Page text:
75. Formal notices and agreements should usually only be signed after the person has been interviewed under caution and provided at least a version of the information available. However, in section 72, 73 and section 74 cases, there may be circumstances where it is appropriate to sign an agreement after the witness has been through a 'scoping interview' and before full debriefing under caution. In such cases, the agreement should set out clearly what is expected from the potential cooperating witness and indicate that failure to repeat their account in interview under caution will result in revocation.

76. Save in exceptional circumstances, no notice or undertaking will be issued on the basis that the person will only divulge information once an immunity or undertaking has been given. Any decision to grant a notice or undertaking before information has been divulged must be authorised by a Chief Crown Prosecutor or Head of a Casework Division.

77. The process of 'recruiting' or 'turning' an offender into a witness or intelligence source may begin with preliminary discussions between investigators and potential sources or their legal representatives. Investigators will normally approach the prosecutor at this stage to seek a preliminary view on the possibility of recruiting the offender to assist the prosecution. Such early consultation with a prosecutor is vital, as it is important to obtain details as to the information or evidence the potential cooperating witness is willing and/or able to give, before an assistance agreement is made.

78. Having obtained a provisional view from the prosecutor, investigators should proceed to conduct a "scoping interview" interview to ascertain, among other things, the reason(s) for the assisting offender requesting or agreeing to be interviewed and the extent to which the offender can give evidence or intelligence. The scoping exercise will enable senior officers in consultation with the prosecutor to decide whether the potential assisting offender should be admitted to the full debriefing procedure. As previously indicated, there may be circumstances where an agreement can be signed prior to the full debriefing interview, with provision being made in the agreement for its revocation if the account given in the 'scoping interview' is not repeated in the debriefing interview under caution.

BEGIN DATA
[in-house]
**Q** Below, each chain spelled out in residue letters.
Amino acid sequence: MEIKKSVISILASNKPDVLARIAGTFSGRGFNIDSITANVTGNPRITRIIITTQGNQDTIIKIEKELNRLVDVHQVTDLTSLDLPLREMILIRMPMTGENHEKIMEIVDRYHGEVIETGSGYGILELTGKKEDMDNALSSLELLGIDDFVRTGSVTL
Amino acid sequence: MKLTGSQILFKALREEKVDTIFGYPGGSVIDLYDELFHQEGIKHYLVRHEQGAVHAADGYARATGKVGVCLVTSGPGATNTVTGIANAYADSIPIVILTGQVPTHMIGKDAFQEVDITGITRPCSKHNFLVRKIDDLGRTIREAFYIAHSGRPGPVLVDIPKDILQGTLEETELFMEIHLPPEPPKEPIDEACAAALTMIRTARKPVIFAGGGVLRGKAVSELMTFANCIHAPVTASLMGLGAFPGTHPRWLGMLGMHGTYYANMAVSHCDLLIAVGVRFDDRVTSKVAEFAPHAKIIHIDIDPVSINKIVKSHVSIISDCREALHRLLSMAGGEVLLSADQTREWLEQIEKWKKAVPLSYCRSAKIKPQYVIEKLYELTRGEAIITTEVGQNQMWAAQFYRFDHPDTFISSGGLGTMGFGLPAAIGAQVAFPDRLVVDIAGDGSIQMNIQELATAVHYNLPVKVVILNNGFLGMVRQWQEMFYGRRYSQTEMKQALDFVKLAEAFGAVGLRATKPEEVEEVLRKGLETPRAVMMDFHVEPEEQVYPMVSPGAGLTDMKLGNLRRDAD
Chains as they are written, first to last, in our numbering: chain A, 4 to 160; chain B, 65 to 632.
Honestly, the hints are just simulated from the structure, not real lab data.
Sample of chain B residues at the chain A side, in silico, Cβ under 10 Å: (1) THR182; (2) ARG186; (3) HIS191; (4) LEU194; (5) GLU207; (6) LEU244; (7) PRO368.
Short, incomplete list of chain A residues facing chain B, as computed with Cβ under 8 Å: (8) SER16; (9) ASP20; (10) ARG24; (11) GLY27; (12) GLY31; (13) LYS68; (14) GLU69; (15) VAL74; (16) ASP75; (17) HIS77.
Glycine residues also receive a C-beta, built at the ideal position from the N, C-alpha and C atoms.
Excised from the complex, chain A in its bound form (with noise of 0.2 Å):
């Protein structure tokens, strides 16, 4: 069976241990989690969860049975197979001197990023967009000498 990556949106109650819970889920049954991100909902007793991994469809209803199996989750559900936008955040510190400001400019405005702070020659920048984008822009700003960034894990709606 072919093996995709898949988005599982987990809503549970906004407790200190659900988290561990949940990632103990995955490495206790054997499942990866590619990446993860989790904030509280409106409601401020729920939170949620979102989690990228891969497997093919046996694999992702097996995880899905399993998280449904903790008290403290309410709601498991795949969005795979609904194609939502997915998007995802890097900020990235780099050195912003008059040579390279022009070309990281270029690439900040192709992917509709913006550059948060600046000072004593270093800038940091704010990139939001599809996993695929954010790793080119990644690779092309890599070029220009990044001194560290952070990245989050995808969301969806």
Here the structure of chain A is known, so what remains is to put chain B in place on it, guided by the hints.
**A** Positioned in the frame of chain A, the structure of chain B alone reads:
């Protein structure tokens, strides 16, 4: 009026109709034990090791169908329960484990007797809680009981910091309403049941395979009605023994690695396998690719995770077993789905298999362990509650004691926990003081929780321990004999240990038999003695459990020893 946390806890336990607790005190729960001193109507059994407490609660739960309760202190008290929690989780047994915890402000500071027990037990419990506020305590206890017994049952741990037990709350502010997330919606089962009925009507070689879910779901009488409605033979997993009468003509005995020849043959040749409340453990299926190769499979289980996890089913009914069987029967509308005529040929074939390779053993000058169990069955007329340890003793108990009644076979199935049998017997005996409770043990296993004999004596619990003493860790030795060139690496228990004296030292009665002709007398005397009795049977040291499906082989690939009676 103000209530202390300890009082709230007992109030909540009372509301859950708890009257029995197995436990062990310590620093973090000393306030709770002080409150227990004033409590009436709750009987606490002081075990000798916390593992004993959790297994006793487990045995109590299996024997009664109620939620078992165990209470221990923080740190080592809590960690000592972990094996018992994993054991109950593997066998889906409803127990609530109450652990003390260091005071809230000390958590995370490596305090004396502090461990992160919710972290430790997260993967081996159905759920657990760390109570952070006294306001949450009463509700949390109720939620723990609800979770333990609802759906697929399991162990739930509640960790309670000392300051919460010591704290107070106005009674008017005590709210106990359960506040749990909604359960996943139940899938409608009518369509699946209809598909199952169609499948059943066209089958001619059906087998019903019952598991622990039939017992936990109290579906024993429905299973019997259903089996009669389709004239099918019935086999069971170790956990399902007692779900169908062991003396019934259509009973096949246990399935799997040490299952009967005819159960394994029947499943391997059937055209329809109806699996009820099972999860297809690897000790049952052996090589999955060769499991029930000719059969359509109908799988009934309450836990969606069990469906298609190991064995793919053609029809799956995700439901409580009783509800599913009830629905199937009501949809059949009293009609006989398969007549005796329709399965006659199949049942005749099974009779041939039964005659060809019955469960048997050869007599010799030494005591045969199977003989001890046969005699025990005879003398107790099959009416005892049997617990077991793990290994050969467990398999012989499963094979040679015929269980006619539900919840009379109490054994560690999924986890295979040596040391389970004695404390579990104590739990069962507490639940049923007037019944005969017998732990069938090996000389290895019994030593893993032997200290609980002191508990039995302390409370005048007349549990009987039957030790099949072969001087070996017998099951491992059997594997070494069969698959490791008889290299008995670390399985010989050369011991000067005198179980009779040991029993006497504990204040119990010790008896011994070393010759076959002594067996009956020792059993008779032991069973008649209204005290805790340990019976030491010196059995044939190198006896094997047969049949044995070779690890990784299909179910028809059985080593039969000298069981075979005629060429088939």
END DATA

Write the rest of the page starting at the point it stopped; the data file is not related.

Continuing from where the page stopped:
79. The cooperating witness should ideally be legally represented through recruitment, scoping and debriefing and there should be full engagement with the prosecutor who can provide assistance.

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'Scoping' and the proffer letter

80. Scoping interviews should be audio recorded (to avoid later allegations of inducement) and should ideally take place under caution in accordance with the PACE Codes of Practice.

81. However, the requirement for a formal caution may considerably inhibit some potential cooperating witnesses from providing the full and frank disclosure that the SOCPA regime (and its common law counterpart) relies on. Indeed, a potential cooperating witness may not wish to "admit the full extent of his own criminality and agree to participate in a formalised process" (said to be an essential requirement of the SOCPA regime in R v P and Derek Stephen Blackburn [2008] 2 Cr. App. R. (S.) 5, page 32 at paragraph 27) if there is a risk that those admissions may be used against them in court.

82. As a result, the potential cooperating witness may be prepared to provide only the vaguest of indications about their past conduct and the assistance they can offer. It follows that investigators and prosecutors, unable to assess the true value of the potential witness, may therefore find it difficult to decide whether an assistance agreement will be appropriate.

83. To address this difficulty in section 72, 73 and 74 cases, prosecutors should consider whether it is appropriate to send a 'proffer letter' to the potential cooperating witness, in order to facilitate their participation in the process. The proffer letter should explain the purpose of the interview is to help with the decision as to whether to enter into an assistance agreement, not to obtain admissions in relation to offences under investigation. The letter should also indicate that the 'scoping interview' will not be under caution. An example proffer letter is attached at Annex A.

a. The proffer letter should make it clear that neither the letter itself nor the subsequent 'scoping interview' represent any promise or undertaking on the part of the prosecutor as to how the offender will eventually be dealt with. This serves to distinguish the proffer letter from a formal restricted use undertaking under section 72 of SOCPA and the offender should be in no doubt that the effect of the letter is limited to preliminary discussions only.
b. Guarantees as to confidentiality can also be given, subject to disclosure of relevant material to a co-accused if required by law. The prosecutor can undertake not to use the fact that the offender is willing to be interviewed, or the content of the interview, as evidence against the offender. Importantly, however, as an exception to this, the prosecutor can reserve the right:

  • to rely upon matters stated by the offender in the interview as evidence against them in any subsequent prosecution for perjury or perverting the course of justice;
  • to rely upon evidence obtained from enquiries conducted as a result of the provision of information by the offender in the interview.